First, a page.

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2023 in review: ai is everywhere at once, but still not in healthcare

ChatGPT is more empathetic than a doctor

2023 revealed surprising AI-related research. Particularly, one caused a wave of discussion – Comparing Physician and Artificial Intelligence Chatbot Responses to Patient Questions Posted to a Public Social Media Forum published in April 2023 in JAMA Network. It demonstrated that ChatGPT’s responses to patients’ questions were nearly ten times more empathetic than a human doctor’s. The quality of the AI’s responses was 3.6 times higher than a human’s.

In the fall of 2023, another media coverage fueled the fire: 17 doctors over three years were unable to diagnose a 4-year-old boy with rare umbilical cord syndrome. The disease was finally correctly recognized by ChatGPT when a desperate mother entered the symptoms and test results into this 2022-launched large language model.

Both cases show that generative AI can successfully fill the gap in patient care and become the doctor’s second pair of eyes. Healthcare is suffering from shortages of healthcare professionals, and AI support could be a long-awaited help in handling simple clinical cases where no doctor-human engagement is needed. ChatGPT has access to much more knowledge than a doctor limited by the cognitive capabilities of the human mind. AI and the doctor can form a harmonious tandem in which each party has different but complementary competencies.

ChatGPT can diagnose patients, suggest treatments, make preventive recommendations, and tell patients how to eat healthily or prevent disease. But AI can also hallucinate; it can make up facts. Thus, the doctor – like an experienced pilot in an airplane controlled by modern navigation systems – must always be in the driver’s seat.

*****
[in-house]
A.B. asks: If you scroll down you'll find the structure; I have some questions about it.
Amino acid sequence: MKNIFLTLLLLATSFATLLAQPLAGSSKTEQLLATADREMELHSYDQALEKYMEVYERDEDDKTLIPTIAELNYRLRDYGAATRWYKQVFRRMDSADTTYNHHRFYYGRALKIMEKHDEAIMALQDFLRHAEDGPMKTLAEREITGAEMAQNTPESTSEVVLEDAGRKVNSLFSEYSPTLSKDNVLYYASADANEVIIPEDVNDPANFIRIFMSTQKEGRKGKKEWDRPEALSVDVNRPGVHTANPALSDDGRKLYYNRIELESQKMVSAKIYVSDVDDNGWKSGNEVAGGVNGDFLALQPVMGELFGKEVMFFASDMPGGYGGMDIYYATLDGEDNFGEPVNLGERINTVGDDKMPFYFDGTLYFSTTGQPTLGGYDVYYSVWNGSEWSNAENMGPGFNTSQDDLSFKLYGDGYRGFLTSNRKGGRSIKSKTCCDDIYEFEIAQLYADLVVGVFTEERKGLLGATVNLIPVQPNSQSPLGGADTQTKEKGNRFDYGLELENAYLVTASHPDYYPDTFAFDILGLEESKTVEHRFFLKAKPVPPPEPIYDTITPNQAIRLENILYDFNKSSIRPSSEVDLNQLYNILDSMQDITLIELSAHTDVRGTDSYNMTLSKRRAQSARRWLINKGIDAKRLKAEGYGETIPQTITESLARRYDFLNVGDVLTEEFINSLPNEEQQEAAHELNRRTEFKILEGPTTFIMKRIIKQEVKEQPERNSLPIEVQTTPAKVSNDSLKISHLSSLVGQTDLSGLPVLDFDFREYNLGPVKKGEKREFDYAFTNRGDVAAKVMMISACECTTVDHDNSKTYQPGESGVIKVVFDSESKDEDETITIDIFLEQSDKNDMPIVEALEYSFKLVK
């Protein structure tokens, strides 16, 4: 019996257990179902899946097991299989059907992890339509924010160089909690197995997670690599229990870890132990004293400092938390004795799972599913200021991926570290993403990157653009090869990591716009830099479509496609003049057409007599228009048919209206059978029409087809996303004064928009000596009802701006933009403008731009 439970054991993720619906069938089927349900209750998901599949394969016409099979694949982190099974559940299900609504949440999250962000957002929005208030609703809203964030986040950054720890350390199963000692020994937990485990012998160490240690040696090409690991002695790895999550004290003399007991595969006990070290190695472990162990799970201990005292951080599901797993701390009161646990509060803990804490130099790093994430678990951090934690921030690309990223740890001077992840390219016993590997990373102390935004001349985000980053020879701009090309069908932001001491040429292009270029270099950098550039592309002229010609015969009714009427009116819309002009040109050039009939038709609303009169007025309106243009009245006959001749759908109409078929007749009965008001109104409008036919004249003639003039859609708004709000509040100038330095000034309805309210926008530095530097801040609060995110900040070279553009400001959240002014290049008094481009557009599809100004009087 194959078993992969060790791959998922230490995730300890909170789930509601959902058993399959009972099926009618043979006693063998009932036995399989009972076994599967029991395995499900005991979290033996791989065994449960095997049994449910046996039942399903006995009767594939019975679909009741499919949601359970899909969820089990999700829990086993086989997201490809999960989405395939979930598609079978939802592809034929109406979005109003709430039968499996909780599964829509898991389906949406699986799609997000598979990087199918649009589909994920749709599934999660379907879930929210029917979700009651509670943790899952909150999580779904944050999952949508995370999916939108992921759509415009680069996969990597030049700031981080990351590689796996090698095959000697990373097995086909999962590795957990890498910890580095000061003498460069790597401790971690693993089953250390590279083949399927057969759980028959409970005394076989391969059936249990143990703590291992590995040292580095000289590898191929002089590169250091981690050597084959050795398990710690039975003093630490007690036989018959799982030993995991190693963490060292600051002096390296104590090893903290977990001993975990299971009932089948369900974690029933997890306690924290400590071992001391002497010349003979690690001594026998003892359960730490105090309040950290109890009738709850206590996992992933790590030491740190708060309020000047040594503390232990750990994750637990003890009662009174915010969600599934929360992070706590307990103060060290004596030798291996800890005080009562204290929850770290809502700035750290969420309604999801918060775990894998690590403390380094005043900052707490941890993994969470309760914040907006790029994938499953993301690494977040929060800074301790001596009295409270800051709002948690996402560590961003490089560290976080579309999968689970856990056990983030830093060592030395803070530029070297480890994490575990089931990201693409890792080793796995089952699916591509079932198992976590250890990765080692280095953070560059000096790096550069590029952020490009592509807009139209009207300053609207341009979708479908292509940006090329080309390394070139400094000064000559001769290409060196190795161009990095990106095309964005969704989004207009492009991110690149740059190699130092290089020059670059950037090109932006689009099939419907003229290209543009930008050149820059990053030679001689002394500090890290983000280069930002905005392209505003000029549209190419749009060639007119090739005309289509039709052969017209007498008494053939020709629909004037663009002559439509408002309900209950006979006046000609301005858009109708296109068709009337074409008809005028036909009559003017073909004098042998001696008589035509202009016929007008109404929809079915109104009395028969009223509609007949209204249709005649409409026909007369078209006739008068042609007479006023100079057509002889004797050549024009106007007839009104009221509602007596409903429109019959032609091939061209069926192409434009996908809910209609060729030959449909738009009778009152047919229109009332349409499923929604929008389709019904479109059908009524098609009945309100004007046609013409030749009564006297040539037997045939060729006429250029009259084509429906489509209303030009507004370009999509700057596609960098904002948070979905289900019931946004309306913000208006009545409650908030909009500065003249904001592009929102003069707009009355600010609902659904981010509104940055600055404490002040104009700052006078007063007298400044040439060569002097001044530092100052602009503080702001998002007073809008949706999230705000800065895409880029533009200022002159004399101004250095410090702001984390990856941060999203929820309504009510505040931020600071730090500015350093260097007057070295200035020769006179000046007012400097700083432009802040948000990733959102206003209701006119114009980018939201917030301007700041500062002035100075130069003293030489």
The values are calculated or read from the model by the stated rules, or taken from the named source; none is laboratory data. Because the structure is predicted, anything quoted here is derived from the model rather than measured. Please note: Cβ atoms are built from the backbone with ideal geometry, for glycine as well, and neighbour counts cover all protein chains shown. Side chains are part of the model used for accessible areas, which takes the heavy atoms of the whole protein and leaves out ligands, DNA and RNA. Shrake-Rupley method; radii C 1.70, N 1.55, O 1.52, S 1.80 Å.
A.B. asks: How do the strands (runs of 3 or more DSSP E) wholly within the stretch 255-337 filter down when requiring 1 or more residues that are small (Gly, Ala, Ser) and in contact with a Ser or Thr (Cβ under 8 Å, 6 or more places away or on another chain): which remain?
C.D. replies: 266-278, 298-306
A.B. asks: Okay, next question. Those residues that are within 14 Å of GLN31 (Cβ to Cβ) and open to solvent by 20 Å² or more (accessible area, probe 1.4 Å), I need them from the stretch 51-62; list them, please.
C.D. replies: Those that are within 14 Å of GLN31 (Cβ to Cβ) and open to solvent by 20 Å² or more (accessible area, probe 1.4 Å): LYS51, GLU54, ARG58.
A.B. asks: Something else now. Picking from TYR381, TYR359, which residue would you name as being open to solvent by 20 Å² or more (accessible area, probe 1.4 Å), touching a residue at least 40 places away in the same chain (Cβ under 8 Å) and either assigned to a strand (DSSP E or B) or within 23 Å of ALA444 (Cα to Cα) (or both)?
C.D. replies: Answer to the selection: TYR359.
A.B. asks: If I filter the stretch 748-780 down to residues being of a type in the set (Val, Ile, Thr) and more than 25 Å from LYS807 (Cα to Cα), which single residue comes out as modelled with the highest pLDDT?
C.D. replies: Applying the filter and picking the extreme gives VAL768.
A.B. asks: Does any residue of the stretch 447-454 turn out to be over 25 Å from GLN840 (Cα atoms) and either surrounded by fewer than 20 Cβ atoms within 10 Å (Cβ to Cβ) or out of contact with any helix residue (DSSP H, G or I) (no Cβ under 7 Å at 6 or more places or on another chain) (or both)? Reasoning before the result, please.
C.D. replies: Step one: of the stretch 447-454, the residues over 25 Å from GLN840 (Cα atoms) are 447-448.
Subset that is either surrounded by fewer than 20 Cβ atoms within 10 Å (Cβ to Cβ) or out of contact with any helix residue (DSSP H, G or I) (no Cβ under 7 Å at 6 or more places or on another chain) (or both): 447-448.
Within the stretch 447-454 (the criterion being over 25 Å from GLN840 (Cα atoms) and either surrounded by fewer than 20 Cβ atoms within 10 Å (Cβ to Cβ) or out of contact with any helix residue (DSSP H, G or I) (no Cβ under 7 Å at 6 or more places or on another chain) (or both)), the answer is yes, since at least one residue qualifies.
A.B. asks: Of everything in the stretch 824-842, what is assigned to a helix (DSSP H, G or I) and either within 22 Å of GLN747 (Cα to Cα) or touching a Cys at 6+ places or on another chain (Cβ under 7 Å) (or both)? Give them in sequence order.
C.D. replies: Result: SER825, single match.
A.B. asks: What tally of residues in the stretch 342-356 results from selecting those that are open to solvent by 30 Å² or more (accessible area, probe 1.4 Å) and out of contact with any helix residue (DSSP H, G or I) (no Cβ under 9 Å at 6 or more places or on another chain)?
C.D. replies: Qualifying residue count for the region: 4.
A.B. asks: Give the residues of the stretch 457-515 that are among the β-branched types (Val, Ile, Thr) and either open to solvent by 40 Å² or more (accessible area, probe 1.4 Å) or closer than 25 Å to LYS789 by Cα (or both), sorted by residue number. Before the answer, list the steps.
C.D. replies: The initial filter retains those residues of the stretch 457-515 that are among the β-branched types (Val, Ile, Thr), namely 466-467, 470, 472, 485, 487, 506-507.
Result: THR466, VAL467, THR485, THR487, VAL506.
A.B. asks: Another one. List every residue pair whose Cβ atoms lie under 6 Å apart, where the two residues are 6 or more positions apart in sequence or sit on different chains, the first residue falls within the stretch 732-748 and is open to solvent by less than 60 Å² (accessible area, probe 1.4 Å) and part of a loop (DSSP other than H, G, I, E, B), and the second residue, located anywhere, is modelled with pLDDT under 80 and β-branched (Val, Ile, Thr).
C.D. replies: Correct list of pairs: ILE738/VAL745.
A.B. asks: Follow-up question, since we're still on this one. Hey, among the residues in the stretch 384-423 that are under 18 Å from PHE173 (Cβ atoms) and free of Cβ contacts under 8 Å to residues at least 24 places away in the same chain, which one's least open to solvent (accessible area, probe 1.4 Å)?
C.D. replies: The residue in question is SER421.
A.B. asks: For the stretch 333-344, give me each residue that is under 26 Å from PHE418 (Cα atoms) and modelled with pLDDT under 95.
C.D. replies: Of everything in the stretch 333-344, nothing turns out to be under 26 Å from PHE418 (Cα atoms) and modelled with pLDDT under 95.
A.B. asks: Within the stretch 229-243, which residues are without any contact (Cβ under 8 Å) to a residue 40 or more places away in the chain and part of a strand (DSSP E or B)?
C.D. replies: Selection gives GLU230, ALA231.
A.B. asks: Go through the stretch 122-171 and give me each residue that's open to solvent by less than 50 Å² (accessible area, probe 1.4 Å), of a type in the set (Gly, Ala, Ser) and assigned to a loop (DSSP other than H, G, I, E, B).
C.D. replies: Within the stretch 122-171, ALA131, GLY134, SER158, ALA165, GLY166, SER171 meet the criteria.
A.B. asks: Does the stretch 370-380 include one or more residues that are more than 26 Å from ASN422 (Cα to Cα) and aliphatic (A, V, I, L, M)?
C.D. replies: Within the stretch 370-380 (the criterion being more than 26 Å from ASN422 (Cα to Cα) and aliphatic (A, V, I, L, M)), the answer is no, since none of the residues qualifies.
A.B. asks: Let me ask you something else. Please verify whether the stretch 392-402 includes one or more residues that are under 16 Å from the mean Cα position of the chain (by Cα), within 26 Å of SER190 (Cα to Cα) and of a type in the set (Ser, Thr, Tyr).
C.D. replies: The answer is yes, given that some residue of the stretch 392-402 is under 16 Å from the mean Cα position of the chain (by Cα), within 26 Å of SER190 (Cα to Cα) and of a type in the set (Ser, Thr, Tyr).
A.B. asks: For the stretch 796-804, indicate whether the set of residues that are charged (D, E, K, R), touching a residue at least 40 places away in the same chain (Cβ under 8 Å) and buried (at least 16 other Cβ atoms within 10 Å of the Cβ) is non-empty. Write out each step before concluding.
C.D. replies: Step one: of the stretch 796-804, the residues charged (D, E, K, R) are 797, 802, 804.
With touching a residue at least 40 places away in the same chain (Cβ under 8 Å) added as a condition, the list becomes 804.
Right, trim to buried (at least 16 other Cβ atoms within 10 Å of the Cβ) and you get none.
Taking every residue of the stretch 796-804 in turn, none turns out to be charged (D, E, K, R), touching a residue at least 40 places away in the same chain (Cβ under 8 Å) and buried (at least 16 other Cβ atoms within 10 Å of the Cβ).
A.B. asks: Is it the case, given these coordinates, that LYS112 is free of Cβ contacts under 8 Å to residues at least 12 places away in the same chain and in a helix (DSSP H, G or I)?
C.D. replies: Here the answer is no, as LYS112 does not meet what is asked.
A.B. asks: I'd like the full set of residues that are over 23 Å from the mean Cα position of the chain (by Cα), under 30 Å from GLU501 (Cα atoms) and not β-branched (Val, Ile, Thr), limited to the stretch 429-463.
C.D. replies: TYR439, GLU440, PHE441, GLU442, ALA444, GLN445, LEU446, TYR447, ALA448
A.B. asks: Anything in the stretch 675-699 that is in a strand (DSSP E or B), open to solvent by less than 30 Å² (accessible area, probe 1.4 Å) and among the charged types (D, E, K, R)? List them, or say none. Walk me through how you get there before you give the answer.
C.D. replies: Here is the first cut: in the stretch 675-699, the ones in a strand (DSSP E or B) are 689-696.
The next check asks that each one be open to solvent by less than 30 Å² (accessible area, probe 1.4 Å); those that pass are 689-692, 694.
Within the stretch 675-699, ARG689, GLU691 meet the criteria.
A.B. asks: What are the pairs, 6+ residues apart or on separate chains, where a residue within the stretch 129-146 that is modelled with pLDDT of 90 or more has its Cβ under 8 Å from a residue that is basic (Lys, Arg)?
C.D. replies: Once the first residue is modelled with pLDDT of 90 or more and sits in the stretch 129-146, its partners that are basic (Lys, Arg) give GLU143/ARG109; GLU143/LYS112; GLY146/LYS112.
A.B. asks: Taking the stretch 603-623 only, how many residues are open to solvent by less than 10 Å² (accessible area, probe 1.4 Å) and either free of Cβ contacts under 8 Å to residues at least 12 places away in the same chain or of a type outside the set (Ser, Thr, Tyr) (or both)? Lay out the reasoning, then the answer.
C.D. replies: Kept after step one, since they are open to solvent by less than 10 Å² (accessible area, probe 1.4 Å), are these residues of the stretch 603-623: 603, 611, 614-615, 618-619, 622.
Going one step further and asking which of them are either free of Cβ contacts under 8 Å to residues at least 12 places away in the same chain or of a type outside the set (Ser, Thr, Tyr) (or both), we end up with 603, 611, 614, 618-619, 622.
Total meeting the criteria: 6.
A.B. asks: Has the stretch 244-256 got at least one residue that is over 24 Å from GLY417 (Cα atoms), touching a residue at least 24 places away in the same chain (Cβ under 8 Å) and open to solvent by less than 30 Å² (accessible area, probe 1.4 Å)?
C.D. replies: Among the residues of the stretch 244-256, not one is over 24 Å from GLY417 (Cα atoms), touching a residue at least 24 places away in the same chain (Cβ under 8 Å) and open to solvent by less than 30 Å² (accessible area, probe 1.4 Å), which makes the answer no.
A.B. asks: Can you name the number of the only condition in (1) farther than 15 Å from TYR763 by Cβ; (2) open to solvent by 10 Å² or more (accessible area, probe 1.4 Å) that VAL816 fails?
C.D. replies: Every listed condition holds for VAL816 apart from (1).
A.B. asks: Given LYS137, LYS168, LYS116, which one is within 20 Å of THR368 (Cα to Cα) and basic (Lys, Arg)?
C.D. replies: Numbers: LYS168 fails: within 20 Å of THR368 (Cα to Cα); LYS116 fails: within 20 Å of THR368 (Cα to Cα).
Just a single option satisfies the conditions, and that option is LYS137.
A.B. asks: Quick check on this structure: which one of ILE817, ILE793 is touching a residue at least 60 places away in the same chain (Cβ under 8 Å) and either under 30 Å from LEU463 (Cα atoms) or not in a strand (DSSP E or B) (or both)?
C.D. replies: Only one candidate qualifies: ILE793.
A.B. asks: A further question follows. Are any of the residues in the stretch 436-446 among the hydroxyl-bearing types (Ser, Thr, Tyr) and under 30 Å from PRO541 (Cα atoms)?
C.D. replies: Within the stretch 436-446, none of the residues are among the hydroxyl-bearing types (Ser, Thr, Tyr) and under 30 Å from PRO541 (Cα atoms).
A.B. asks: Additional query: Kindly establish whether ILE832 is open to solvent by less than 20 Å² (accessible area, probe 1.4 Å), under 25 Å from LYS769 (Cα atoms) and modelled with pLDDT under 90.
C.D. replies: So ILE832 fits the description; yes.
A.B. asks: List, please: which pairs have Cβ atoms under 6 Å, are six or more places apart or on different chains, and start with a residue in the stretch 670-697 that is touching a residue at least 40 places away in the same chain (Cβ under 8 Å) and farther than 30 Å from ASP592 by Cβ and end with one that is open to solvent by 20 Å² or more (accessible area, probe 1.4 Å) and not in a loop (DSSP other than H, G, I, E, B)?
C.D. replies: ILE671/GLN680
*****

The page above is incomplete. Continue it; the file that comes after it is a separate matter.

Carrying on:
More accurate AI models for medicine can be expected. For example, Med-PaLM – a large language model (LLM) by Google – passed the US medical exam correctly answering about 83% of questions. Some studies say as much as 90%.

“The development of AI is as fundamental as the creation of the personal computer. It will change the way people work, learn, and communicate – and transform healthcare,” writes Bill Gates in the foreword of the book “The AI Revolution in Medicine: GPT-4 and Beyond.” The book’s authors tested the GPT-4 capabilities in healthcare and concluded that AI could be a perfect co-pilot for doctors. The technology is there.

Is it the end of EDM as we know it?

Doctors hate entering data into electronic medical records (EMR) by clicking, typing, and opening tabs. Working with the EHR as we know it today is time-consuming and frustrating. There is a chance that this will soon change.

In 2023, the first health IT system providers introduced AI-based solutions to EDM. For example, next-generation EHR based on speech-to-text systems “listen” to the doctor’s conversation with the patient, recognizing data, which are then automatically entered into the appropriate records in the EHR. The doctor only approves the summary prepared by the AI at the end. Similarly, using voice commands, a prescription or referral can be issued, and the system can be asked to write a summary of the visit for the patient in understandable language. For example, Microsoft has partnered with Epic, a primary provider of electronic medical record software in the US, to bring LLM to doctors’ offices. Google announced a partnership with the Mayo Clinic, and Amazon Web Services launched HealthScribe, a generative artificial intelligence (AI) service for collecting clinical records.